Innovation and the current classroom model most often operate as antagonists. The system is evolving, but not quickly enough to get young people ready for the new world. But there are a number of ways that teachers can bypass the system and offer students the tools and experiences that spur an innovative mindset. Here are ten ideas.
Everyone learns differently, but did you know 65 percent of people are considered visual learners? This shouldn’t come as much of a surprise, given how dominant images and videos are in our culture. These days, it seems like just about every experience, moment or even meal is documented with an image.
There’s a reason we’re so drawn to image-based learning: Our brains are poised to process images quicker and easier than text content. And eLearning courses offer the perfect forum for capitalizing on visual learning. Including visual content in your eLearning courses helps capture the attention of your audience and makes them more likely to retain more information.
Teachers and administrators struggle to find time to work together in a meaningful way. There are plenty of meetings scheduled. Many teachers leave these meetings though with the feeling of “could have spent my time doing more important things”.
How do we squeeze in one more meeting to help teachers grow as professionals? How do we add one more opportunity for teachers to learn important new skills, listen to one more educational consultant, one more expert on a new initiative? How do we give teachers the time to learn with and from their own colleagues? How can teachers learn from what is going on in the classroom next door?
There is an emerging opportunity to boost student achievement and improve working for teachers here in the U.S--and a huge opportunity to expand access to quality learning to every young person on earth.
Florida Virtual School, the nation’s largest state K-12 virtual school, engages in multiple instructional research partnerships each year. In this presentation, members of the FLVS leadership team will discuss the process of designing organizational research goals and partnering with external researchers, in addition to sharing the challenges and best practices in managing research partnerships—from research methods/design to data collection and security. Additionally, a summary of ongoing instructional research projects at FLVS will be offered. This presentation will appeal to both providers and researchers as an opportunity to learn more about working together in the important process of research partnership. Presenters: Teresa King Instructional Programs Manager Florida Virtual School Dr. Jodi Marshall Executive Vice President, Business and School Solutions Florida Virtual School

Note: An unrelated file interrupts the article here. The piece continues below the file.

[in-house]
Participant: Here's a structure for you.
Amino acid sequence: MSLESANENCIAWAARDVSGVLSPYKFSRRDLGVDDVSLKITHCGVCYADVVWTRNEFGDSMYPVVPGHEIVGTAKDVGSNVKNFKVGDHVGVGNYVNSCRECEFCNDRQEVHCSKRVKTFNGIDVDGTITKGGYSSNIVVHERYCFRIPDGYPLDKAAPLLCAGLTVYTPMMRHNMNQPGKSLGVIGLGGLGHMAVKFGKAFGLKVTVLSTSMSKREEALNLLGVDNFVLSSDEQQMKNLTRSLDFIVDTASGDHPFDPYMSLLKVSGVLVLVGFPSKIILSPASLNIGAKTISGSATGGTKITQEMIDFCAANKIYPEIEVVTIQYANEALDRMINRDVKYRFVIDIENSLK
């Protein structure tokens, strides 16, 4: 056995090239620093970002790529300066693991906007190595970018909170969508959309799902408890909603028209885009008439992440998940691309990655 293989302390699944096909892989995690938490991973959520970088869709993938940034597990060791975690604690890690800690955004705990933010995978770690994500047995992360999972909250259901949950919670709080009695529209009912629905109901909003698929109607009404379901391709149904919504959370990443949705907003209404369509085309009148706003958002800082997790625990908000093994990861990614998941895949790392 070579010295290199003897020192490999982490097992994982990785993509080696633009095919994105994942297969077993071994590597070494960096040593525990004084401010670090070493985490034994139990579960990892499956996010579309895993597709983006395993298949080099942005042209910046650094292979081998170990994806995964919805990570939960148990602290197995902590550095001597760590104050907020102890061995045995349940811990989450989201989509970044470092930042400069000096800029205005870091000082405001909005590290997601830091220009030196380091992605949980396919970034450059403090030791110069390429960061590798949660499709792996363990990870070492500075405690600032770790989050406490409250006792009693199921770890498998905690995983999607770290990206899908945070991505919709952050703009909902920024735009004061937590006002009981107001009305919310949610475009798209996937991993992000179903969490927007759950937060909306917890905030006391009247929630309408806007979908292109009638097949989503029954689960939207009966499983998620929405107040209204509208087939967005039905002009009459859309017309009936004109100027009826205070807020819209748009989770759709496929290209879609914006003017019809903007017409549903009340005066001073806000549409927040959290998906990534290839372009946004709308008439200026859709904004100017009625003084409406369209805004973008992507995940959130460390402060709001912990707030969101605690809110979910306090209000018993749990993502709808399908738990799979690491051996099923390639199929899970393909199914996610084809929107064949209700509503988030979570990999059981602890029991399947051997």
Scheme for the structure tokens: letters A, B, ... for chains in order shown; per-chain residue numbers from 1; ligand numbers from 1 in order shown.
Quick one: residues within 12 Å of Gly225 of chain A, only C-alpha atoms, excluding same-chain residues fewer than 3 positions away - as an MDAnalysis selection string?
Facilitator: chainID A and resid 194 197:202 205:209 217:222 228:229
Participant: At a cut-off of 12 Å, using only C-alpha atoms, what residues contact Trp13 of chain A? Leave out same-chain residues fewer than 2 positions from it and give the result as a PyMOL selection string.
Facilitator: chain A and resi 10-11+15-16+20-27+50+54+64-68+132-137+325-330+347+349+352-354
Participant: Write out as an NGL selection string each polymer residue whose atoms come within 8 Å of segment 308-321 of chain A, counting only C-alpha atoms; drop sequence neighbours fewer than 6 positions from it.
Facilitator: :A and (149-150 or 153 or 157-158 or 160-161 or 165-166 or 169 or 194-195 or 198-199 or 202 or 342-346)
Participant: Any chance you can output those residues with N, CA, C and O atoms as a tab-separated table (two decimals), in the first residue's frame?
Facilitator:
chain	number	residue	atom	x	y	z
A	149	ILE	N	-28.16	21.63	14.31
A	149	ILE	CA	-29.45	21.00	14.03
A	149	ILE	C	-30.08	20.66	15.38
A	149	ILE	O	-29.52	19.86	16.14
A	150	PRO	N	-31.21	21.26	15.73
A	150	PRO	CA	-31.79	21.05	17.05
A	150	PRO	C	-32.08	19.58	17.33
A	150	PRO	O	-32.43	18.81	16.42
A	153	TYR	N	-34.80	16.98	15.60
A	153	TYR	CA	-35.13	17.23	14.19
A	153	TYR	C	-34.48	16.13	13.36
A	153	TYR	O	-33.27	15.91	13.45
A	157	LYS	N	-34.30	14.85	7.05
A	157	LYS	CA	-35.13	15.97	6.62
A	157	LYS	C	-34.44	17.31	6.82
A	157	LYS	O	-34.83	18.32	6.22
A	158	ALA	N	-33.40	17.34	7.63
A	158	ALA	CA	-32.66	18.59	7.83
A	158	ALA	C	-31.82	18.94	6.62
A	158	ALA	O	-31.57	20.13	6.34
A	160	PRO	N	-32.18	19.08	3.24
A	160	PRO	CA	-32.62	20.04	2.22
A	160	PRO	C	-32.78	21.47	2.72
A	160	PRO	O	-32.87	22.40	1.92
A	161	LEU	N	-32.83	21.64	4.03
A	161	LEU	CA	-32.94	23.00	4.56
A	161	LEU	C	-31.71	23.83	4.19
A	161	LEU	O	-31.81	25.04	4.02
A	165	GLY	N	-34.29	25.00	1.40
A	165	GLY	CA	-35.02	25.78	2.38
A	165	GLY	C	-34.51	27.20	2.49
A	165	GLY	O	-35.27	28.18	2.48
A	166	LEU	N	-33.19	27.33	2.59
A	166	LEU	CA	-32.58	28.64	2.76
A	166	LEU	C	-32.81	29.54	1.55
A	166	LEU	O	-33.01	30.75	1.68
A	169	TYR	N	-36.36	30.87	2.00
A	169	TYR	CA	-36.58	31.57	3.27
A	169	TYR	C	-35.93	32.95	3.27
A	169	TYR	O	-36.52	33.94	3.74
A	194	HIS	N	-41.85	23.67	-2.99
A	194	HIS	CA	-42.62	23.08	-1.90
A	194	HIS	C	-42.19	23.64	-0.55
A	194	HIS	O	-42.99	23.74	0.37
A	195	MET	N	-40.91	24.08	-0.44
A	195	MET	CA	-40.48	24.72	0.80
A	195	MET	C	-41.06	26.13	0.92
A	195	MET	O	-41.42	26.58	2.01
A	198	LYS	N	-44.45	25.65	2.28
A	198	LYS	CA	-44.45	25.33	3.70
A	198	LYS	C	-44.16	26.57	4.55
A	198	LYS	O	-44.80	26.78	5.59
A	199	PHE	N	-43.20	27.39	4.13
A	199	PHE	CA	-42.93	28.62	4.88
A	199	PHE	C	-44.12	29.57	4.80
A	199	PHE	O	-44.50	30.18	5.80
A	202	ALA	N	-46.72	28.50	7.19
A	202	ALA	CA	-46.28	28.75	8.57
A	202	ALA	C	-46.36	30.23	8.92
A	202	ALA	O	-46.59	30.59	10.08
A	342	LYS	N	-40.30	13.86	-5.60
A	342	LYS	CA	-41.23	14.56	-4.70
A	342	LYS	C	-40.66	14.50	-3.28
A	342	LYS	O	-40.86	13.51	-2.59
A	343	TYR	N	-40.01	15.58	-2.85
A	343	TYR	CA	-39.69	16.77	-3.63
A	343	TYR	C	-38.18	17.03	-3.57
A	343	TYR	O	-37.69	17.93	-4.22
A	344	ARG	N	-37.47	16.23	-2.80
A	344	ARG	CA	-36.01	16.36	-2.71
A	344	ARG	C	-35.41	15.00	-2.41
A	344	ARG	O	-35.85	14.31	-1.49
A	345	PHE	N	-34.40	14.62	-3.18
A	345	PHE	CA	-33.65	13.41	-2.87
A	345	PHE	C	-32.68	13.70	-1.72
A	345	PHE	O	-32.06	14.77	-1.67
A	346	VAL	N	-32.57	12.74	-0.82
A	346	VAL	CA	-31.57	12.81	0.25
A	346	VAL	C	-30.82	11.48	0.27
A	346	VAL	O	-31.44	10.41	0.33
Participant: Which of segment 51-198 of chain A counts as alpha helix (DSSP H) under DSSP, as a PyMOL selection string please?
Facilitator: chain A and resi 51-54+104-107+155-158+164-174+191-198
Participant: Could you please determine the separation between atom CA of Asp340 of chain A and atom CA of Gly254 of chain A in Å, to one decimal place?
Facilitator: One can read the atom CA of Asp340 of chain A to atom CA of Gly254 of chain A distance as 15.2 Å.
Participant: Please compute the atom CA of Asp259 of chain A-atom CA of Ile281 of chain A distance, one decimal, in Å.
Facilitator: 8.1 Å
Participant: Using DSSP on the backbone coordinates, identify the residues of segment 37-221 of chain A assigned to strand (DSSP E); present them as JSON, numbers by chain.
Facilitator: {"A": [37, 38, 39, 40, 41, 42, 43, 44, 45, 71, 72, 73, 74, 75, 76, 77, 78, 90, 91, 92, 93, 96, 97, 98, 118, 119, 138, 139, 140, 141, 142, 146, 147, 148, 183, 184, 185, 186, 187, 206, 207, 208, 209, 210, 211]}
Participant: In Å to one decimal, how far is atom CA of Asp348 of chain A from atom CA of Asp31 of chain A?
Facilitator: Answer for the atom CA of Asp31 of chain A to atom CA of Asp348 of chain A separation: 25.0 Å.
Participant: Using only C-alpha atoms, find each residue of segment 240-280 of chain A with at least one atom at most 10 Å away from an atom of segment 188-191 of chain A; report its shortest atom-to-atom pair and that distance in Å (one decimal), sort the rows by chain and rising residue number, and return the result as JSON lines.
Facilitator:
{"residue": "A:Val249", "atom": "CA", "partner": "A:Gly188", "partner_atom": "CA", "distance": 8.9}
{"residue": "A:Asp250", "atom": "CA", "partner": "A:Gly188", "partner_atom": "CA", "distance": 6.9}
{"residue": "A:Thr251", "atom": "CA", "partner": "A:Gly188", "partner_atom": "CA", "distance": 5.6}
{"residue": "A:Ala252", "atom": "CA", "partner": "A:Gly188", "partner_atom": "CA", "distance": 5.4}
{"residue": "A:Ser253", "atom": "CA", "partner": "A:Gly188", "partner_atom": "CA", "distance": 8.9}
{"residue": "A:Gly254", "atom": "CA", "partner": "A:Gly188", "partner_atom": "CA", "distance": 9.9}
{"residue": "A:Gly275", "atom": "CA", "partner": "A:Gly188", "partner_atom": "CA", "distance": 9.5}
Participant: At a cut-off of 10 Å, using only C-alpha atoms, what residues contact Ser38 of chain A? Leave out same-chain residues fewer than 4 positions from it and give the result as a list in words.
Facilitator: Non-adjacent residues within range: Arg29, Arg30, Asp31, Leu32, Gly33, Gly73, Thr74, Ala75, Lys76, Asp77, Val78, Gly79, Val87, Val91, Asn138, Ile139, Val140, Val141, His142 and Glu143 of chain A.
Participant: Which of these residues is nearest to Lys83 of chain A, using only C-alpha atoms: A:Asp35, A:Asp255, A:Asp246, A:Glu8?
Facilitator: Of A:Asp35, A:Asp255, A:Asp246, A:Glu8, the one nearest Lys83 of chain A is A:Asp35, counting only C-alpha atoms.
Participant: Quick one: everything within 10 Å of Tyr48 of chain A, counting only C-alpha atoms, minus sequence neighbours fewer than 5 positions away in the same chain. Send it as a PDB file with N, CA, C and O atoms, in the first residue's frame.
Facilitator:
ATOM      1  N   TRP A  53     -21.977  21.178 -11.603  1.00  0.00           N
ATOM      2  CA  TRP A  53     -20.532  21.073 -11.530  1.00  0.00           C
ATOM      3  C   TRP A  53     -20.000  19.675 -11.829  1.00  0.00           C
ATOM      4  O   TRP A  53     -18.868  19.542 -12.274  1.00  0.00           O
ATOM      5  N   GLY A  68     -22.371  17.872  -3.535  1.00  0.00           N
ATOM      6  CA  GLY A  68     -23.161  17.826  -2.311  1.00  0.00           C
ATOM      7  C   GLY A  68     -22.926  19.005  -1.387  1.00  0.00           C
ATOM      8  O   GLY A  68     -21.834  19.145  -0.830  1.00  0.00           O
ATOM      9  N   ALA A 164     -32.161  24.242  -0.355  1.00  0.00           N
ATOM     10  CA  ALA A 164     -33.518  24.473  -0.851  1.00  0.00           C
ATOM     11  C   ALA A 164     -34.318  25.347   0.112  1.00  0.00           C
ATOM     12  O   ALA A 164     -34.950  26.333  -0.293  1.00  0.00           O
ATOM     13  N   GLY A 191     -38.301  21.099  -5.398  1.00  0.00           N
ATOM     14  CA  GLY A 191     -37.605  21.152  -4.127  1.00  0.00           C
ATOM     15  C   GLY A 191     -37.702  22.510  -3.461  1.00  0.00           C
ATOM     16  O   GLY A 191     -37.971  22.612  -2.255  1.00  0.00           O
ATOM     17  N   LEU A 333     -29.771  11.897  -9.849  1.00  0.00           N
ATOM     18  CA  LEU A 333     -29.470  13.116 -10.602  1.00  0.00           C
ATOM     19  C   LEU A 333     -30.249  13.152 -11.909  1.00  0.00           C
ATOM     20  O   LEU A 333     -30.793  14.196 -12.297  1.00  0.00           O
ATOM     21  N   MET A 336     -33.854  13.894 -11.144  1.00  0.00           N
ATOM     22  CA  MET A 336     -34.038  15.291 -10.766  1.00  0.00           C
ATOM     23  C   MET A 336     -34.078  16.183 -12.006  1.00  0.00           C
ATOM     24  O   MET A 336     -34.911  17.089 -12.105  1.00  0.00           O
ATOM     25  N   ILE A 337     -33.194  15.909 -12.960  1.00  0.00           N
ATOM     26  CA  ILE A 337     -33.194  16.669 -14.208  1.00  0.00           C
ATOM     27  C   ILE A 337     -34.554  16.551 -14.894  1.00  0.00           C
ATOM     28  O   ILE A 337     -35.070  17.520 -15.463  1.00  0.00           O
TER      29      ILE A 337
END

*Note: On the day of the event, you will receive a link to the webinar via email.
Within all of this change (or progress, if you will) let’s be clear about one thing:personalizing learning does not mean the death of the classroom. Education has and will always be both idea and personality driven – it’s just the way it is. A teacher is part knowledge broker and part P.T. Barnum. Quite honestly, it is a mistake to think that the vast majority of teenage students in high school innately appreciate the intrinsic merit of knowledge. Teens construct meaning collaboratively, shoulder to shoulder through the relationships they construct. You see, the importance of the classroom doesn’t lay solely within the dispensation of curriculum but also within the hidden or secondary curriculum: the interactions between students who in discovering “found knowledge” initiate and extend a collaborative discourse that, hopefully, aids in both their intellectual and socio-emotive development. This is the all-encompassing purpose of the classroom. Therefore, Kennedy again “nails it’ when he writes that we want all classes to be blended classes. There are others who are experts in Distributive Learning, so, let a few do it well for the students who need it, and we will focus on what we can do for all students.